Benchmark Results: Power Consumption And Efficiency
Normally, we’d run Prime95 to determine maximum load power consumption and then PCMark Vantage to chart out consumption over time. However, a max figure isn’t really relevant here, and Vantage simply won’t run on our multi-socket configs. SYSmark Preview 2007 is populated by old, outdated software that wouldn't exploit threading in a way we could tie into a workstation story. So, I turned to LightWave 3D 9.6. The frame rendering process taxes available CPU cores and takes long enough for us to measure average power use.
The results are pretty gosh-darned telling. Not surprisingly, the lowest-power solution is a single Core i7-980X. However, the one CPU also takes the longest to finish frame eight of our rendering workload.
Two Xeon W5580s (130 W TDP processors) are actually the most power-hungry—and they don’t even finish the fastest. That honor goes to a couple of Xeon X5680s (also 130 W CPUs).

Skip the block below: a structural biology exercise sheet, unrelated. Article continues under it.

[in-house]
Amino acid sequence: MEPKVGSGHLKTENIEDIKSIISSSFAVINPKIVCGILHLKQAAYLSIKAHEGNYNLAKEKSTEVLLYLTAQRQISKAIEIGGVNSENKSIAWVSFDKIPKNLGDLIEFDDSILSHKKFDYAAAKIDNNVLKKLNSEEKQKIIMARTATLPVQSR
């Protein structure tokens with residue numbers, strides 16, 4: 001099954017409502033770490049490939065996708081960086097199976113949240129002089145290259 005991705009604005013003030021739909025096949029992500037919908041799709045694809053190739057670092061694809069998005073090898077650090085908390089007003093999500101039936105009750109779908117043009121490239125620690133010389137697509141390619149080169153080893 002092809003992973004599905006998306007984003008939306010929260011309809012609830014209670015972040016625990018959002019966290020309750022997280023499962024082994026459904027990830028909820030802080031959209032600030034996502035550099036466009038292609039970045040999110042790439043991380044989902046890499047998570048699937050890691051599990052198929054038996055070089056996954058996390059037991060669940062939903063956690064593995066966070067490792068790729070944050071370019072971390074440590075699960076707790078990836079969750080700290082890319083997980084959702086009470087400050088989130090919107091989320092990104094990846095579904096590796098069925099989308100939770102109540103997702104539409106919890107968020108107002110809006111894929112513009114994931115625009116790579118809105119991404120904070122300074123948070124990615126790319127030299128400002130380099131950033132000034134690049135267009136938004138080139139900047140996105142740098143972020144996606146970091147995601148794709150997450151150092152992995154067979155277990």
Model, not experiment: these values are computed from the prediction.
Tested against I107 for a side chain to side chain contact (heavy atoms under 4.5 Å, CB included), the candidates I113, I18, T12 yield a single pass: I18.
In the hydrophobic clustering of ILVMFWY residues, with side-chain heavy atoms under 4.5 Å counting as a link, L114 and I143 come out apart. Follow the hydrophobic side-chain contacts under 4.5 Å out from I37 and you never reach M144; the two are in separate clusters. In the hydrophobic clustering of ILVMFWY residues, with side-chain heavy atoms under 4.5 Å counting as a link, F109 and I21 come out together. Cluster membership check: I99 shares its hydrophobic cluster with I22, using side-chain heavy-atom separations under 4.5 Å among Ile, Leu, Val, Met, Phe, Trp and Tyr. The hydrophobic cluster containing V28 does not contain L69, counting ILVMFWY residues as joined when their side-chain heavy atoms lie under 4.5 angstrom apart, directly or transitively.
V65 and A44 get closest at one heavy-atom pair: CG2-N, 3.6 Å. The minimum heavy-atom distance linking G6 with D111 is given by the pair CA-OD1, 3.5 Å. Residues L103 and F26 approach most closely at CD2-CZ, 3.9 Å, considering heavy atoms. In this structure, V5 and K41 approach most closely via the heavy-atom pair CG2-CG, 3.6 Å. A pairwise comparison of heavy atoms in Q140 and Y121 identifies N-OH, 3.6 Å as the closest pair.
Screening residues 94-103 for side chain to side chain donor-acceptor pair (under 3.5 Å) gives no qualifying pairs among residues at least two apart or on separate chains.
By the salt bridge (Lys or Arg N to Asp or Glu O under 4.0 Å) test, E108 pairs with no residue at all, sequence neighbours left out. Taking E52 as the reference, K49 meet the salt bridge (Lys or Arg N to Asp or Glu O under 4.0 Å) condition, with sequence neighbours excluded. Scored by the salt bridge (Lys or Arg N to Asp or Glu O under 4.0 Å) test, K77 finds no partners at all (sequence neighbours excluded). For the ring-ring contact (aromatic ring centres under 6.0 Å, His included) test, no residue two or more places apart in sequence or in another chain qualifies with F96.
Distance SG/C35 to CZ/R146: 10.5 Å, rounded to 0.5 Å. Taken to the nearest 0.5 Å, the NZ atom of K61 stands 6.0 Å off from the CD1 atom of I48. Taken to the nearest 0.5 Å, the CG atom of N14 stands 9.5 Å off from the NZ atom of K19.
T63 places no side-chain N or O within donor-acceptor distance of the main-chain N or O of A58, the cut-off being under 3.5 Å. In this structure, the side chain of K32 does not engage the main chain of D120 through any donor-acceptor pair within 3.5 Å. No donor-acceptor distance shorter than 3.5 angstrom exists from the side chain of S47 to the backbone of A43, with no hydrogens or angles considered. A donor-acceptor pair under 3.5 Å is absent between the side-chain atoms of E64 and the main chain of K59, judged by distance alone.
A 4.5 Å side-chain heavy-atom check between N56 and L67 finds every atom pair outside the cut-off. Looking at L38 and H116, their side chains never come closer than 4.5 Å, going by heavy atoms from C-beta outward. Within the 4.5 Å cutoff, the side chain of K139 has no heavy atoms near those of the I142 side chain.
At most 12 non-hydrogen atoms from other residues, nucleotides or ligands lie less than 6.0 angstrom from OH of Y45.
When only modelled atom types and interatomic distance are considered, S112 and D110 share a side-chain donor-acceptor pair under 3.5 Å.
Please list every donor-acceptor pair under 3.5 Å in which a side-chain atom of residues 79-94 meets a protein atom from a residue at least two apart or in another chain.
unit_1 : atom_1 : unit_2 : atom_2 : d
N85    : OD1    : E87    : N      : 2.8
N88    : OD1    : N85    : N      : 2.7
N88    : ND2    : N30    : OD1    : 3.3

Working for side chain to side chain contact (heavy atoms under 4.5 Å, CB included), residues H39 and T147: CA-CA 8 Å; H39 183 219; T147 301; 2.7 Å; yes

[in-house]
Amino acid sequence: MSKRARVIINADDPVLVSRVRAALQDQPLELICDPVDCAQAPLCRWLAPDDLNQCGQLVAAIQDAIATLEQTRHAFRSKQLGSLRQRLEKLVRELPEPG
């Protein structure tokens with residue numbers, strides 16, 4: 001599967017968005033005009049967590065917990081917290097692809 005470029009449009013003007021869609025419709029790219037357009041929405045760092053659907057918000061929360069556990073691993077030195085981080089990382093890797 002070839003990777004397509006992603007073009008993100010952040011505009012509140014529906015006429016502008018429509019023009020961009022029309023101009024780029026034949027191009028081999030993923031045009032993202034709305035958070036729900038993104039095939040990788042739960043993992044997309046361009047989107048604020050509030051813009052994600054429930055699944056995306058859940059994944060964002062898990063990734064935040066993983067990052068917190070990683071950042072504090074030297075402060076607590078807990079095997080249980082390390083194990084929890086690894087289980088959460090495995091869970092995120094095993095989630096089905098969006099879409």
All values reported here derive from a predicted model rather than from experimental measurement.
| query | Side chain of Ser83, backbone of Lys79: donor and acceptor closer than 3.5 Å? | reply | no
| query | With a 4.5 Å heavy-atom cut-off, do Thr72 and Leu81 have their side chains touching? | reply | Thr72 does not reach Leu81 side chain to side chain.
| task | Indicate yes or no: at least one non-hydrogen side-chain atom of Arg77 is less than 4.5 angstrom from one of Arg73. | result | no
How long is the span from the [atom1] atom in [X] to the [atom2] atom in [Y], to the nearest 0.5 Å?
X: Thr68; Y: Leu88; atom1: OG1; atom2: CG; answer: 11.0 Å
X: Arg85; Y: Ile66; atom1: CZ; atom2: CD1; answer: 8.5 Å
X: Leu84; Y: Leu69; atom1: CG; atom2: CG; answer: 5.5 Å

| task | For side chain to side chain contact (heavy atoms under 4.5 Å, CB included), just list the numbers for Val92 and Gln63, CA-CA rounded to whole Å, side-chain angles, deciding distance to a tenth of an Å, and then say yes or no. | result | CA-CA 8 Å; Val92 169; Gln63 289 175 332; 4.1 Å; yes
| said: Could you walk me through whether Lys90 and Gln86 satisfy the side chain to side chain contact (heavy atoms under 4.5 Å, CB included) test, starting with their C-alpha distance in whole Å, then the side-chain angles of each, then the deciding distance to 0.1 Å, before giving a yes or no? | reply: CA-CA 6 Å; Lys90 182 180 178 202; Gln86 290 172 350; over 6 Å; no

Our Extech logger sampled power every two seconds, making it easy to gauge the exact time for frame eight to render completely. We turn that time, in seconds, into its fraction of an hour, and then multiply by the average power use during the run.
It turns out that, while a single Core i7-980X is a great way to improve the efficiency of your workstation versus a pair of quad-core CPUs like the Xeon W5580s (despite the fact that the two Xeons are faster), a couple of Xeon X5680s turn that conclusion topsy-turvy. They get our workload finished fast enough that the elevated power is more than compensated for by increased performance.
Of course, this applies exclusively to usage models that are threaded. Once you hit an app that isn’t threaded, or less-optimally threaded, you won’t see the improved performance needed to justify higher power use. Instead, you’ll need to rely on Intel’s power gating to shut down unused pieces of each Xeon processor to prevent idle power use from skewing the overall efficiency picture.